What can you do in the garden when it’s too hot to go outside?
If we suffer in the heat, how are the animals, plants and soil feeling?
In biodynamics, we think holistically about all of this in our garden, and if you’ve been following the autumn, winter and spring tips, then you’ll be well set-up for the hottest part of the year.
If we took the seasons and put them into the course of a day then autumn would be dusk, winter would be the middle of the night, spring the dawn, and summer would be the middle of the day. The end of summer is therefore a little like that energetic slump just after lunch, when it’s nice to do something really calm and quiet (or have a siesta)
Many of us spend a lot of the year yearning for summer, craving for more light, warmth, sun on our skin, walking in the garden with bare feet, and having oodles of flowers all around us.
But when the heat of summer hits, it can feel less than idyllic, right?
Heat so hot that we can only pop out to the garden for 5-10 minutes at a time, after which we need a big glass of water and a half hour rest.
Too much sun for some plants, resulting in things bolting or just giving up.
Soil too hard to dig, and there’s insufficient moisture in the soil to plant trees. Being the wrong time of year to plant trees and shrubs makes trips to the garden centre less rewarding (why do they tempt us with so many mature plants at this time of year?)
Weeds... so many weeds. They cause irritation to a lot of people, and yet, take them away and the soil is bare, so what’s the solution? (See the tips below.)
The poor worms, if a worm farm is located in direct sun, they may be baking.
Cracks in the ground where the soil has dried up.
So, despite craving for a chilled out summer relaxing in the sun, the reality is a season of gardening that brings unique challenges and just as many potential frustrations as other parts of the year.
I like thinking about being on a swing, and summer being like that point at the top of the swing, when you could jump off if you wanted to - it’s a moment of pause, sort of restful, and there’s not a lot of activity.
Summer gardening tips
Find the easiest time of day to tend your garden. 6am seems like a really antisocial time to be outdoors pottering with your plants, but it is the time when you can probably give all the energy you want, it’s beautifully cool, and the very best time to do any necessary watering. (Just avoid the noisy power tools or your neighbours might be unhappy.)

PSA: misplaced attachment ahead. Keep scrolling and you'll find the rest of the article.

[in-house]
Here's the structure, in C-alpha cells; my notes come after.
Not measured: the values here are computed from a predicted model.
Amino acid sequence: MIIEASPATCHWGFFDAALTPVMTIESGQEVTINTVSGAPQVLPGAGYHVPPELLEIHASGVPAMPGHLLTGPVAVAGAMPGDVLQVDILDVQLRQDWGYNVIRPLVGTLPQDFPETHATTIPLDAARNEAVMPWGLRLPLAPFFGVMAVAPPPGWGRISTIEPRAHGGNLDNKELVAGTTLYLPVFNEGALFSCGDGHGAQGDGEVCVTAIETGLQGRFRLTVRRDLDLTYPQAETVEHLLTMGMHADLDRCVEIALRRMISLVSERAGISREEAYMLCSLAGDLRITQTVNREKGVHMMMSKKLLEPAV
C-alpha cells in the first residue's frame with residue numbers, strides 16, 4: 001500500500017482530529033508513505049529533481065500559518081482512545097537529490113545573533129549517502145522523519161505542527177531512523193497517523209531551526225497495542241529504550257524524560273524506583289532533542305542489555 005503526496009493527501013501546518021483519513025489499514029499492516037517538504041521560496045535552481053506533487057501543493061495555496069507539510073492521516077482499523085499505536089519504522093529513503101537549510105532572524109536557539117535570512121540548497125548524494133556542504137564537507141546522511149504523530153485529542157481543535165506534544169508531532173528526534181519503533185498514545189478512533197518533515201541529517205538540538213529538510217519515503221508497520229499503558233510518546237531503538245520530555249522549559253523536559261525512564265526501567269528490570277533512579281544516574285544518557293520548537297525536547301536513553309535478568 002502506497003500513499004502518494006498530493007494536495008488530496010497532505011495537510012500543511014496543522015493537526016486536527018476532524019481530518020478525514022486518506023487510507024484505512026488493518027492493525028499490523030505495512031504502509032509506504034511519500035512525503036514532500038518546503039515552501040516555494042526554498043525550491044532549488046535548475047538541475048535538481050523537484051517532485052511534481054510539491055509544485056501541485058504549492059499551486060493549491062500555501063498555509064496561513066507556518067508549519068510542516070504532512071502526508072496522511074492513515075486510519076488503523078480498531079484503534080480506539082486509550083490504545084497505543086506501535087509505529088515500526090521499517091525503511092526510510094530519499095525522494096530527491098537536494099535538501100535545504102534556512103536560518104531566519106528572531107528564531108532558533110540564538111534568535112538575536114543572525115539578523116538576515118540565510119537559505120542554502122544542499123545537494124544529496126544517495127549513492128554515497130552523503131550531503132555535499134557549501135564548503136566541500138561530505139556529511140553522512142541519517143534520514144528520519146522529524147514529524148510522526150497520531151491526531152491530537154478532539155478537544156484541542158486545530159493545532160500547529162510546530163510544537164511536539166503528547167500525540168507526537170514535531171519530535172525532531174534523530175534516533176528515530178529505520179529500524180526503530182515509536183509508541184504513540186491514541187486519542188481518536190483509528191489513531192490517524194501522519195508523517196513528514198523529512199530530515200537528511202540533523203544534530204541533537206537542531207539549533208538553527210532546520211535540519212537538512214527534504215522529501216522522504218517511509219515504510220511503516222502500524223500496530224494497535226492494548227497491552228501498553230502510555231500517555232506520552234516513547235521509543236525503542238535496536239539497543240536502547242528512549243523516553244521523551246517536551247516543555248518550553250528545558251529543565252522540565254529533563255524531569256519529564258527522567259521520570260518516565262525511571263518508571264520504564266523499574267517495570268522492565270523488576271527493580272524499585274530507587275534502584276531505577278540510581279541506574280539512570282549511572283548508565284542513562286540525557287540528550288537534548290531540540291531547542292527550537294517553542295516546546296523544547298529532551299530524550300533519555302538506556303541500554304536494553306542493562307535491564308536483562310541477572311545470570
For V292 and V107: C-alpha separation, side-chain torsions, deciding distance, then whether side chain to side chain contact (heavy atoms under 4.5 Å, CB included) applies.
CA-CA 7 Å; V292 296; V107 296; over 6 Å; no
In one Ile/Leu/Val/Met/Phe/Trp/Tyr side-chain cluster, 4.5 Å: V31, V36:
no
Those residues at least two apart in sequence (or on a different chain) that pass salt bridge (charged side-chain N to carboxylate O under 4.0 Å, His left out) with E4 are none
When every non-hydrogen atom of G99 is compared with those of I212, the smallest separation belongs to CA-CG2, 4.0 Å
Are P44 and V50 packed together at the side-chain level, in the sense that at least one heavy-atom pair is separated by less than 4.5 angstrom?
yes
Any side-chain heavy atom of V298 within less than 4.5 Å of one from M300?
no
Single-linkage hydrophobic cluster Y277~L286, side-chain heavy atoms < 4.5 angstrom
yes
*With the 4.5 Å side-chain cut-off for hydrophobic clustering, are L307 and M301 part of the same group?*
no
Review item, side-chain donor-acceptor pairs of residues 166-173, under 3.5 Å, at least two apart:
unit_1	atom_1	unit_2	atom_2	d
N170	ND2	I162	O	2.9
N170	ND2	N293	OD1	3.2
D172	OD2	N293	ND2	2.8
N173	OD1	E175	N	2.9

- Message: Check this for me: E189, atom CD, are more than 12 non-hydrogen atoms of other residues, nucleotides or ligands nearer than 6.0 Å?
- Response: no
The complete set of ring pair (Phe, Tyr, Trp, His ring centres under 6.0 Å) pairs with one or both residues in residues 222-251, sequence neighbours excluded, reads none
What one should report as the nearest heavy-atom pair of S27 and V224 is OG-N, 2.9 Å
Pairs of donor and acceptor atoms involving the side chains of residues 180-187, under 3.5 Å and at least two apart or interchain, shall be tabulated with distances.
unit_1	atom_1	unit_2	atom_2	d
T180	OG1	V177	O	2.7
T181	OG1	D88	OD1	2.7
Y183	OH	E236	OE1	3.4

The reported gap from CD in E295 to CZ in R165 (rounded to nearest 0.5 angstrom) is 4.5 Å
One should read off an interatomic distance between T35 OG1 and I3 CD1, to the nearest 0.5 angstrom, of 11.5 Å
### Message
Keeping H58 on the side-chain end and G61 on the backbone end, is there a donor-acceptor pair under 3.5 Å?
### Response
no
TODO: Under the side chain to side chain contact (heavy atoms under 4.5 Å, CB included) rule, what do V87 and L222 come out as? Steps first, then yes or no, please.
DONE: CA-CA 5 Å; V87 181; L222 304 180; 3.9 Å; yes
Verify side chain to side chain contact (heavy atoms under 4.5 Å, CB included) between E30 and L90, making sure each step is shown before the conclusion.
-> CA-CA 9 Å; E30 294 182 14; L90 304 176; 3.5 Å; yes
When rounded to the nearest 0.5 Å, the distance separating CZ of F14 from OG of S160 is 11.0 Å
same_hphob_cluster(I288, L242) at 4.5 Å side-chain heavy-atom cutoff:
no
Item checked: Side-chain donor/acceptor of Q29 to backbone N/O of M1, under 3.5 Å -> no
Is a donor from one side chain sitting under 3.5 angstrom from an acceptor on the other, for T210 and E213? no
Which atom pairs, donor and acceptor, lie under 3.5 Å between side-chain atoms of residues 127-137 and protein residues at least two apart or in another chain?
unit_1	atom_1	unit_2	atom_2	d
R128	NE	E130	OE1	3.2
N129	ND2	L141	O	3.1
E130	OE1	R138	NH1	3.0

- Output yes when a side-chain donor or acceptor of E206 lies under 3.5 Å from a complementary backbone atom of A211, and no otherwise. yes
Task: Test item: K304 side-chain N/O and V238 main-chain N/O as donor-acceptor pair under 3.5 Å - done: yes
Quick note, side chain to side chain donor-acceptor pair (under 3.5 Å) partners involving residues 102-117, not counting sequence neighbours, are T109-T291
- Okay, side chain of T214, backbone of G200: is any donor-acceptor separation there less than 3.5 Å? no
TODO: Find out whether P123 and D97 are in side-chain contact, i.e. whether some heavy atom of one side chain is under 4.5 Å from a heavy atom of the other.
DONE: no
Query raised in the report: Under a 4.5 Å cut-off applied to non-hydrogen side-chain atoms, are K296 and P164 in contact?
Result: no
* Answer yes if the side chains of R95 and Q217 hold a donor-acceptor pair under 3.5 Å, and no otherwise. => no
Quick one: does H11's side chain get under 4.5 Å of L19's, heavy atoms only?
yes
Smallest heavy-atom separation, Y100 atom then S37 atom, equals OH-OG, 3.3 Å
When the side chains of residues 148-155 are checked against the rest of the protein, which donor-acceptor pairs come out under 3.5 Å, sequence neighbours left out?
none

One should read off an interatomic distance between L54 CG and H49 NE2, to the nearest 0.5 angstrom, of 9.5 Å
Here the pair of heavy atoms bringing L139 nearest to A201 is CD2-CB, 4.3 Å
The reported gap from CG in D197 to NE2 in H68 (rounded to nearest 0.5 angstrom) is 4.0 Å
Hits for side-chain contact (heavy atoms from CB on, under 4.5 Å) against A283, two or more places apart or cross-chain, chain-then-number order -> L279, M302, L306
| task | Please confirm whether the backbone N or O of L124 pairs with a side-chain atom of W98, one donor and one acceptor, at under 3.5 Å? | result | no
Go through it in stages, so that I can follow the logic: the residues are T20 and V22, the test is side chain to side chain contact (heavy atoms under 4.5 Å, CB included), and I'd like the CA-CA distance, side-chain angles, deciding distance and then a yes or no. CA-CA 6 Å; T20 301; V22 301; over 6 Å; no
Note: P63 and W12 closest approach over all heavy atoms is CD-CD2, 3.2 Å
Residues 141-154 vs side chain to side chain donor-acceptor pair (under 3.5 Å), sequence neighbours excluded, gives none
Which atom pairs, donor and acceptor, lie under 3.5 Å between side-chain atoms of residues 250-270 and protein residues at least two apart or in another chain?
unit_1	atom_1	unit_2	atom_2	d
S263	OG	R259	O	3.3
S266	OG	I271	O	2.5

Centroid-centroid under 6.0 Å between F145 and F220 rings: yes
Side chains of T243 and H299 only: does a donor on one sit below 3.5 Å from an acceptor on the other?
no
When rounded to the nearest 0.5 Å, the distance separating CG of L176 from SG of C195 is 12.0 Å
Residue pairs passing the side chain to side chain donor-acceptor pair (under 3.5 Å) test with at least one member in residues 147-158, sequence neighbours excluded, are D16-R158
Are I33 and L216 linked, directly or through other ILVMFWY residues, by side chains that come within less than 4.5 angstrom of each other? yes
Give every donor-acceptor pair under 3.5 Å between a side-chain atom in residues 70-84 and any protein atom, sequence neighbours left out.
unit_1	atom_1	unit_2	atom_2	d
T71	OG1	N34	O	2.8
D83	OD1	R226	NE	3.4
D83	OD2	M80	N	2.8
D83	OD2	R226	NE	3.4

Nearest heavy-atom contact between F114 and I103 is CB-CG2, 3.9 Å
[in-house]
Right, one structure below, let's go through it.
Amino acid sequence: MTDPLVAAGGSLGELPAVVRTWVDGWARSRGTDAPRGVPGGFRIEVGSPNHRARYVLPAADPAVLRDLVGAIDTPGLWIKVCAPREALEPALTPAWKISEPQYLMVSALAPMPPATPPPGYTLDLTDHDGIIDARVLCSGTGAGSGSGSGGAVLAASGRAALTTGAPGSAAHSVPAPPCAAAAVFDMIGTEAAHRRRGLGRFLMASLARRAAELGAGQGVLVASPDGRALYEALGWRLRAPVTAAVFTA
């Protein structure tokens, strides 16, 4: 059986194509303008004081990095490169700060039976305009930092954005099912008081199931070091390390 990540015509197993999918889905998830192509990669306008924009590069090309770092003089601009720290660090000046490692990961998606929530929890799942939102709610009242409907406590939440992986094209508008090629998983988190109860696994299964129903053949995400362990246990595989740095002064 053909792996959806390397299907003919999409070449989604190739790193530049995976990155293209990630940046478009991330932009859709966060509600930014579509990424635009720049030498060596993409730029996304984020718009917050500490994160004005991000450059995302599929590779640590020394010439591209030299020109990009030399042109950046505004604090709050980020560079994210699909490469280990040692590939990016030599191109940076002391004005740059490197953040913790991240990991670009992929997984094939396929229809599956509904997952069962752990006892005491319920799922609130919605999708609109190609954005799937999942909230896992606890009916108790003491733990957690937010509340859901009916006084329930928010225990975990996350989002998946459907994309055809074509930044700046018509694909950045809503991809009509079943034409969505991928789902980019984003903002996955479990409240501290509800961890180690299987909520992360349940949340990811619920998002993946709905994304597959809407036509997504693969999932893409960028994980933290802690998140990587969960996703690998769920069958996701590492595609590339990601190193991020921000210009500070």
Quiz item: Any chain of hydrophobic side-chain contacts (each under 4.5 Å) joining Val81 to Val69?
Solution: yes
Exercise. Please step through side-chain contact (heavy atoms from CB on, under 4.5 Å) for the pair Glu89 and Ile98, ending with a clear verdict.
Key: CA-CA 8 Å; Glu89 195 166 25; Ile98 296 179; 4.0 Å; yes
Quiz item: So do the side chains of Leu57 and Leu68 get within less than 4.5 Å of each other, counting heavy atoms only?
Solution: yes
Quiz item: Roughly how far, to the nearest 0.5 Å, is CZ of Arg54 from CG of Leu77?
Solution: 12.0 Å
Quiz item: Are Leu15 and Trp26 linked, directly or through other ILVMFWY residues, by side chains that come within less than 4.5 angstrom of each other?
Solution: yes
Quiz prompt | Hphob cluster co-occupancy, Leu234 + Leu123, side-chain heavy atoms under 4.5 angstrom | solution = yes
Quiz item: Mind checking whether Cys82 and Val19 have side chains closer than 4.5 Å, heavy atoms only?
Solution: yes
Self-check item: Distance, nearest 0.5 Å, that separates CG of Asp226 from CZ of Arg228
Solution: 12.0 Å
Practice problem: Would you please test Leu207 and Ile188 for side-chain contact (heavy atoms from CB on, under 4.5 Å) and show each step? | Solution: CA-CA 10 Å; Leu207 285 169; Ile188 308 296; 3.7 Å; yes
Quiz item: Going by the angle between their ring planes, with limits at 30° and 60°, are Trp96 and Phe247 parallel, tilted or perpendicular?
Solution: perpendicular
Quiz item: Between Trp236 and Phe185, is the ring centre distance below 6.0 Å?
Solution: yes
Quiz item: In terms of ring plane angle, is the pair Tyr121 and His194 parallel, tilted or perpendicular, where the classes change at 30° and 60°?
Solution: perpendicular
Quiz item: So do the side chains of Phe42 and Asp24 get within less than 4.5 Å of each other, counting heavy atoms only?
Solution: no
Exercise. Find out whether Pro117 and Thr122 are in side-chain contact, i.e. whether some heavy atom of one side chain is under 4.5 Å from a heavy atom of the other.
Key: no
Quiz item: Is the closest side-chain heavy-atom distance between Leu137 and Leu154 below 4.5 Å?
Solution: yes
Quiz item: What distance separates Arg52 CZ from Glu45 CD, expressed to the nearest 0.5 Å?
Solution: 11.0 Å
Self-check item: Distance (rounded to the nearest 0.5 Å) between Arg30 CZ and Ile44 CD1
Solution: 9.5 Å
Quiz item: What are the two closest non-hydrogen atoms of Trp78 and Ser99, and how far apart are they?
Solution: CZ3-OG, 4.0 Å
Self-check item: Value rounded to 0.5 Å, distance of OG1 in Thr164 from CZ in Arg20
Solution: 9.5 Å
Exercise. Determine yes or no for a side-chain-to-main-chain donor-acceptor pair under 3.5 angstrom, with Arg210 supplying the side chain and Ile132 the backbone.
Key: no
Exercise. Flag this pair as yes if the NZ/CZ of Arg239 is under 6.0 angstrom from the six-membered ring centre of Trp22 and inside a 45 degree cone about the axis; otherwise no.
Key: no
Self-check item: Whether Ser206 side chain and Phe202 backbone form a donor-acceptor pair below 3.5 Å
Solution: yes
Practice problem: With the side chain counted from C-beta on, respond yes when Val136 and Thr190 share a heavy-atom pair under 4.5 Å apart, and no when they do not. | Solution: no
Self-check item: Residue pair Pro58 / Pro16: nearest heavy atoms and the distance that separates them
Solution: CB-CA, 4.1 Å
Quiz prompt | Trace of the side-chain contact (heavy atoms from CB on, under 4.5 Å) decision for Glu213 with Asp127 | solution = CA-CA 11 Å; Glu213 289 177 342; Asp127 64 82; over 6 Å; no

Likewise, evenings are good. 8pm weeding, anyone? Gardening till it gets too dark to see clearly is another great time to catch up on garden maintenance, and in terms of biodynamic rhythms, late afternoon/evening is the best time to plant your seedlings - water them in well, and give them a chance to settle into their new home under the stars before facing a full day of daytime heat. A health and safety reminder: don’t use sharp tools when you can’t see clearly.
Protect the soil with mulch. Just like we wear sunscreen to protect our human skin, we have to think about protecting the skin of the earth as well. In your garden this often looks like mulch or more plants.
Ideas for mulch:
- leaf mould
- arborist mulch
- coffee sacks
- raw wool.
Protect the soil with plants. Every plant you squeeze into your garden is taking up a bit of space, but rather than think of every plant needing more and more water, flip it around to consider that every plant is preventing moisture evaporating off bare soil. Even if they aren’t edible crops, they are providing a valuable service. Lots of people love to hate kikuyu grass, but if you look at this plant closely, you’ll notice dew drops on the leaves in the morning, and generous protection of the soil through the day. Can you turn kikuyu into your best friend this season?
Plant for the season. Each and every fruit and vegetable has a time of year when it thrives. When you study this, you can plan your garden to embrace the heat of summer and produce delicious warm season food. If you don’t have time to study, then consider calling in a garden coach to provide customised advice. Garden coaches will typically help you get more plants into existing garden beds, create more overlapping harvests, advise on succession planting, help you decide which unproductive material to remove, and what to put in its place. With this all customised to your exact location, it’s simply not possible to expect this sort of help from your local garden centre staff, or from Google search engines or new AI tools.
Consider also that with weather patterns changing, there may be fruit trees you can grow in your area that are not traditional choices for local gardeners. How would you like a food forest outside your kitchen door, or in your community as a shared resource?
Watering. Can you teach your plants to be mostly independent? Give them the chance to develop deep root systems and you’ll be surprised at how little extra water they will need. The biodynamic preparations help develop deep root systems, and if you haven’t yet experienced the hour long horn manure (BD500) stirring, then try to find a local biodynamic gardener and ask them to invite you next time they stir, it’s often done in autumn and spring.
Worm farm care: make sure your worms aren’t overheating. Relocate to a shaded area, or consider transitioning into an in-ground worm system instead. Underground is cooler in summer and warmer in winter, and a far more natural environment for these soil makers.
Here at Weleda we do our best to protect the earth, and we’d love to help you do the same, wherever you're gardening. For almost 100 years biodynamic gardening has been the best kept secret in the gardening industry, but with the compounding challenges of soil degradation, the high cost of organic food and climate challenges, we need more people to understand how simple it can be to grow delicious food and beautiful flowers naturally.